This game really hit a nerve with me; I found the balance of light mechanics and ingenious mods to a very stripped down 3rd Ed base the perfect balance of old and new.
Yes, there are a good number of tables that you might need to reference for spells, fumbles, crits and deeds...I actually like this...print them off and make each player responsible for one each and you're sorted!
On another note, the philosophy of character death has already changed my group's attitude and style of play so that they now respect the consequences of their actions far more.
The philosophy is that death should be a real risk to PCs; for too long I have watched parties act stupidly and get away with it...no longer!!!...
As much as liked these cards my whole point for getting them was that they are form fillable. I went ahead and bought the 3 sets and weapons since this one did not work properly. Unfortunately none of the form fillable options worked so I will have to hand write them.
For $3, you can't go wrong with a supplement that maturely talks about dealing with sexual and romantic relationships that can be used not only for Numenera but also for other general RPG's as well. I like it.
With an interesting twist on the Steampunk genre, setting it in the far future after a slow apocalypse, Airship Pirates is a fun light weight system, good for those who enjoy telling grand stories. It's doubley fun if you're a fan of Abney Park, as the game's universe bases itself upon the lyrics from their songs.
I do find the combat system a little clunky at times, especially with the need to roll initiative each combat round, but if players and game master agree, this can easily be streamlined with a house rule to only roll once for a combat encounter... though this change can be particularly crippling, as winning initiative does also convey a dice bonus. The use of dice pools and exploding dice will make this sytem feel familiar to those who played a lot of White Wolf....
I love this book, and I cannot WAIT to run a game of it! It's a game chock full of campy goodness and useful extras for the (bizarrely specific) setting it takes place in, including an exhaustive slang glossary as well as easy to learn rules. My only complaint is the lack of detailed flaws and merits, and the typos. Other than that though it is well worth the low low price. Any game that allows me the feel of Six-String Samurai, or Fallout, or possibly Gamma World meets It Came From the Late, Late, Late Show and quickly and accurately plays out the feel of the game is well worth it in my book. Highly recommended!...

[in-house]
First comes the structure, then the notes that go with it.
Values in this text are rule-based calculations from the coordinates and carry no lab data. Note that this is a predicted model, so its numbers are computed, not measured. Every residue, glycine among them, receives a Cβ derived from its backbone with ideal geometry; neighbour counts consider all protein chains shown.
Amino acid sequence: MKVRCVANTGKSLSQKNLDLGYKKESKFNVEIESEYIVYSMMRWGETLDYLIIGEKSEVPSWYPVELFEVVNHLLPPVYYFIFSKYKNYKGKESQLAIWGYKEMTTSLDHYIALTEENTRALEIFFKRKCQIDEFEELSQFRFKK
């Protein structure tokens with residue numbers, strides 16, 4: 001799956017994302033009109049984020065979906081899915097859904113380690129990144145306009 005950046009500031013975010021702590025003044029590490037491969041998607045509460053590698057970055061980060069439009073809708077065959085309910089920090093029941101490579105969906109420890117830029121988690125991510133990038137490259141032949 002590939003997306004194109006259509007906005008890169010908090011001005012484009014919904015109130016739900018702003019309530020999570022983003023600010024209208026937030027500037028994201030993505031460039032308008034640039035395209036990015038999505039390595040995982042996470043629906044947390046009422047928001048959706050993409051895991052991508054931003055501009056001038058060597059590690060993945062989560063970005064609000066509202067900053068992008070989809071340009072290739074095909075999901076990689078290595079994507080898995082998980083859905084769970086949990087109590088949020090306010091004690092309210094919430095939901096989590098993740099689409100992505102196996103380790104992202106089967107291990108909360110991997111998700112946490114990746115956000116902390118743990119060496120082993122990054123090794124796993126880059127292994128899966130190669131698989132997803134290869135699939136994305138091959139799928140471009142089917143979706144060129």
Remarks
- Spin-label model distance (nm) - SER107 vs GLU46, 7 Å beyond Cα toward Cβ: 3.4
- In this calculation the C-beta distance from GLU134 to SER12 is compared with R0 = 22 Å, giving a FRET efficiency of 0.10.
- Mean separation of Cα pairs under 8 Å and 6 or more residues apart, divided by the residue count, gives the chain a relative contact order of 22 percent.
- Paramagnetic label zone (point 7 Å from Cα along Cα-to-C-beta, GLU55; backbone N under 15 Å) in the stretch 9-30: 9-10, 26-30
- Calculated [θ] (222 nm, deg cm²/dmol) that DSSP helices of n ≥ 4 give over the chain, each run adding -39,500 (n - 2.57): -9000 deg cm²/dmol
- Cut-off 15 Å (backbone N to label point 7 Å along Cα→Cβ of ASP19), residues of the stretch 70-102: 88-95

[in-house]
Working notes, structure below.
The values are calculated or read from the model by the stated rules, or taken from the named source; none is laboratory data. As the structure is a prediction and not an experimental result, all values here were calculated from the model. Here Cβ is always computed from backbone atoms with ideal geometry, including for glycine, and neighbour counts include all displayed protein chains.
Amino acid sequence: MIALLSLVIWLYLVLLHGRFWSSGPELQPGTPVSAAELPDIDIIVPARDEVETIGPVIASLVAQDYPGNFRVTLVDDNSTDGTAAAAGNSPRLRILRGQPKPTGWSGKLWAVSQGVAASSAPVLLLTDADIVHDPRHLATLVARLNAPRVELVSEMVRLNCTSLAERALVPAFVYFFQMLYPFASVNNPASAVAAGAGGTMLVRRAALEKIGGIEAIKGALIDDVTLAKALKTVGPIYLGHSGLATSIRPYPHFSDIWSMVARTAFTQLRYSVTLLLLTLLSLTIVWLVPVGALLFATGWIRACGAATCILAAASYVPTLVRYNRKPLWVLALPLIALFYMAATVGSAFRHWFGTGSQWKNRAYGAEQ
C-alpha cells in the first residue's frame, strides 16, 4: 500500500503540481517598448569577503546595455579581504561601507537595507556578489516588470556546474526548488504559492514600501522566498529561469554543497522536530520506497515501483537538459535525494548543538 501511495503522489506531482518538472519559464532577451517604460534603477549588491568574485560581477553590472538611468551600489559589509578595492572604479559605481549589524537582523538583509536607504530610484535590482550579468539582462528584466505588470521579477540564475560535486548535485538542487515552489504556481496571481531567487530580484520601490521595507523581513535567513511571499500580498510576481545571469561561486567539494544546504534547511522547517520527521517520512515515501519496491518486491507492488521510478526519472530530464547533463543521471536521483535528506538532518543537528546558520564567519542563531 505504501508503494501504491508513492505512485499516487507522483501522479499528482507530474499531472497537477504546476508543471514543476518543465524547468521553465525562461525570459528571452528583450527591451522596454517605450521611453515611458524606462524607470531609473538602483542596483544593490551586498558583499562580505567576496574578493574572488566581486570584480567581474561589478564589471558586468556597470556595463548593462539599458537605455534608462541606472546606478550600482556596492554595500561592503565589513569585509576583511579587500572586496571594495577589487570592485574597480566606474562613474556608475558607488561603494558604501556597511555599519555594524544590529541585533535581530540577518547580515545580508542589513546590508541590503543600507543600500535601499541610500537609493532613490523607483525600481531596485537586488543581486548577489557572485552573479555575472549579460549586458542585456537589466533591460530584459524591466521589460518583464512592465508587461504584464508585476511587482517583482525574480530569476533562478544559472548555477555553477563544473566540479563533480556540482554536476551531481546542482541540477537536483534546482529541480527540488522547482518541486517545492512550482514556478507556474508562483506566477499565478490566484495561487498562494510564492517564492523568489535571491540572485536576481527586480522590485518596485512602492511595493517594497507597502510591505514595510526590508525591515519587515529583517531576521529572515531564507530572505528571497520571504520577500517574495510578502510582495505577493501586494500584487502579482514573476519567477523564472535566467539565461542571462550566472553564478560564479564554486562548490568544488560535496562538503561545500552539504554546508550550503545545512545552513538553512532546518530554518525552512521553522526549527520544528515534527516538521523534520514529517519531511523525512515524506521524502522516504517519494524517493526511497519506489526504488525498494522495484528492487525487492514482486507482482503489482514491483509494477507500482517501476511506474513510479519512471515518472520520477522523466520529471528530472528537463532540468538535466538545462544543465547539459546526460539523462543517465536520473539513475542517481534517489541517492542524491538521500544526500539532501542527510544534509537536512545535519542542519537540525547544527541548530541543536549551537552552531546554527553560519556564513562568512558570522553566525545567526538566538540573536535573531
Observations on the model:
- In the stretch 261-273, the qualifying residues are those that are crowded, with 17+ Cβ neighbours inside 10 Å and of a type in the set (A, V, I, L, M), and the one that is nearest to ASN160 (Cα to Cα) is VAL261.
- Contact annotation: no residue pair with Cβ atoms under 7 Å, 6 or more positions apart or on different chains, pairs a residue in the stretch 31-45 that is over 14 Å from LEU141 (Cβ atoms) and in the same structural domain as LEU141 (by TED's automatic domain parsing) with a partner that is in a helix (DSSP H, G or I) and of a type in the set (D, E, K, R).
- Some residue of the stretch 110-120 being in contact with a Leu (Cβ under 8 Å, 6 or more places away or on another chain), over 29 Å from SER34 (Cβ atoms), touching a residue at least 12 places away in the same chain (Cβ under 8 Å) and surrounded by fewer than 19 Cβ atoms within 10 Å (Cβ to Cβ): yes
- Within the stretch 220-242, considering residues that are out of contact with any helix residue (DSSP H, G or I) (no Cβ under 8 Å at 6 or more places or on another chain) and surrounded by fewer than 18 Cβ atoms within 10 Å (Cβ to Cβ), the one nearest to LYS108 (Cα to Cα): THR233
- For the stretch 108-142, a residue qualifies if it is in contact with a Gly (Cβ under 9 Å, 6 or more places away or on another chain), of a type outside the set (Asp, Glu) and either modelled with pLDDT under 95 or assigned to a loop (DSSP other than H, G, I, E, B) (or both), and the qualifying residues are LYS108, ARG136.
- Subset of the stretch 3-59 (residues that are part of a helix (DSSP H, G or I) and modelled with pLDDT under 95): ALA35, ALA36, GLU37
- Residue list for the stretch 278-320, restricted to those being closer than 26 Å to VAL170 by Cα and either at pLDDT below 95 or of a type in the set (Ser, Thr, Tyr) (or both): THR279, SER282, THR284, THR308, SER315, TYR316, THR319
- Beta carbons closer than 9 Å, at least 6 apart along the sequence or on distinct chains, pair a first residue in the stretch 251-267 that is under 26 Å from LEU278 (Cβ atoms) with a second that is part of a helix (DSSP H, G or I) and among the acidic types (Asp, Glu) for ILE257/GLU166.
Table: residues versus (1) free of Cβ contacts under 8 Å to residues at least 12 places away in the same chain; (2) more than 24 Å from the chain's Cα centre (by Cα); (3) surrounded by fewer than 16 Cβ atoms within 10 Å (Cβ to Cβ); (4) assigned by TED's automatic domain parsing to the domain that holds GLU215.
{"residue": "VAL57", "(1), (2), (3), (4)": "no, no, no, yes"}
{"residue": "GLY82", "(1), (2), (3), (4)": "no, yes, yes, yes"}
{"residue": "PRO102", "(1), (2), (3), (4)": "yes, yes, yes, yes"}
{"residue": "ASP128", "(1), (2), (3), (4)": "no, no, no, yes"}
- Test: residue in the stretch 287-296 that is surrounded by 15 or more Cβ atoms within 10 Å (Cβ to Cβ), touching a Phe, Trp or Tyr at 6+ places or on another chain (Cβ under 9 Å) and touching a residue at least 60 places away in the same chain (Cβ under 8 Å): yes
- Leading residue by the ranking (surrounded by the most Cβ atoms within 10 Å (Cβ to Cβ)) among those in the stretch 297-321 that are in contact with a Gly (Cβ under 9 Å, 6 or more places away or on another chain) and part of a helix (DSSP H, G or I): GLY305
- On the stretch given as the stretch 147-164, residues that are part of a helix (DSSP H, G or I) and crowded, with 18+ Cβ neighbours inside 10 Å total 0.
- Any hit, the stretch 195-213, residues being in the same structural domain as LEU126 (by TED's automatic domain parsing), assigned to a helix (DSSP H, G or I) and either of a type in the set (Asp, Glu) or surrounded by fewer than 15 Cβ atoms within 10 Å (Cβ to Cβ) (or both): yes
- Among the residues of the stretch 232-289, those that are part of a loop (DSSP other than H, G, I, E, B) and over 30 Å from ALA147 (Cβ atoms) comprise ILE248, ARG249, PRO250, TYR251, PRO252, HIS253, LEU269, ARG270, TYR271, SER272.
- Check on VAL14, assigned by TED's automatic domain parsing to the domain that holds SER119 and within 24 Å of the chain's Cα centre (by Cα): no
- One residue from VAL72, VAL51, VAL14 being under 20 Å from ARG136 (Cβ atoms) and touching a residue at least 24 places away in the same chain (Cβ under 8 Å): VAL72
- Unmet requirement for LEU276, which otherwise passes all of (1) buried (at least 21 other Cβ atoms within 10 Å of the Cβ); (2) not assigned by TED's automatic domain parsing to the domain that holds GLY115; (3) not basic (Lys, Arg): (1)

The finale of the short free adventure is quit dramatic. However a huge part of this chapter is fighting. You get up in powerful armor - up to the point here it becomes practically impossible to hit you - and then an endless army is released.
Not as much fun as the previous adventures but still 1,5 hours to enjoy. I like the exploring, riddle solving and occasional fighting more then the brute mass combat, but hey it is free and their main book promises to be all of that.
Trouble Brewing really shines as a fun, interesting beginners module for the Barebones Fantasy game. It is fairly simple and straight forward, but my players enjoyed themselves a lot. I am looking forward to the follow up adventure, the whole goblins and snails theme just hits a home run for me.
This is a neat selection of ten new spells from the School of Necromancy. The underlying story is of a lost ancient realn, Canthar, that was noted for the talents of its sorcerers... apparently in real life, this is a feature of the author's own campaign world, and it is a place where the brave and curious can discover new magicks. Now we too can share in them!
As befits necromantic spells, most of these are quite nasty. Some may even do harm to your alignment if you have aspirations to be good! Depending on the campaign, the GM may prefer to limit these - at least until a spellbook is found - to NPC necromancers.
One really nasty spell is Enfeeble - this reduces the target's strength and dexterity to such an extent that they can barely carry anything or even move, and requires significant healing magic to restore their abilities. Some of the spells enable the caster to either take over the body of an undead creature or to utilise its senses; while others create fear effects in t...
Date Added: 02/28/2014 08:55:55
If poking around long-ruined urban buildings is part of your story, this mapset provides a derelict city block to root around in. Don't be fooled by the quite complex-looking ruin on the front cover, the actual building is quite simple.
A nice point is that the roof has fallen in, so you have a clear view of the internal layout, as well as some stairways leading down into cellars or other depths below. There's also what appears to be a lift shaft and stairs that once led upwards.
The roads around show evidence of long-term neglect, overgrown and cracked.
A somewhat strange suggestion involving subterranean ants is provided as an adventure seed; but an investigation of a long-ago incident or some post-apocalyptic scavenging seems a more likely use for this map.
As always, there's an A4 overview map and a series of maps with hex, square and no grids for miniatures use. There's also a huge JPEG image for those who have access to professional print facilities or who use a virtu...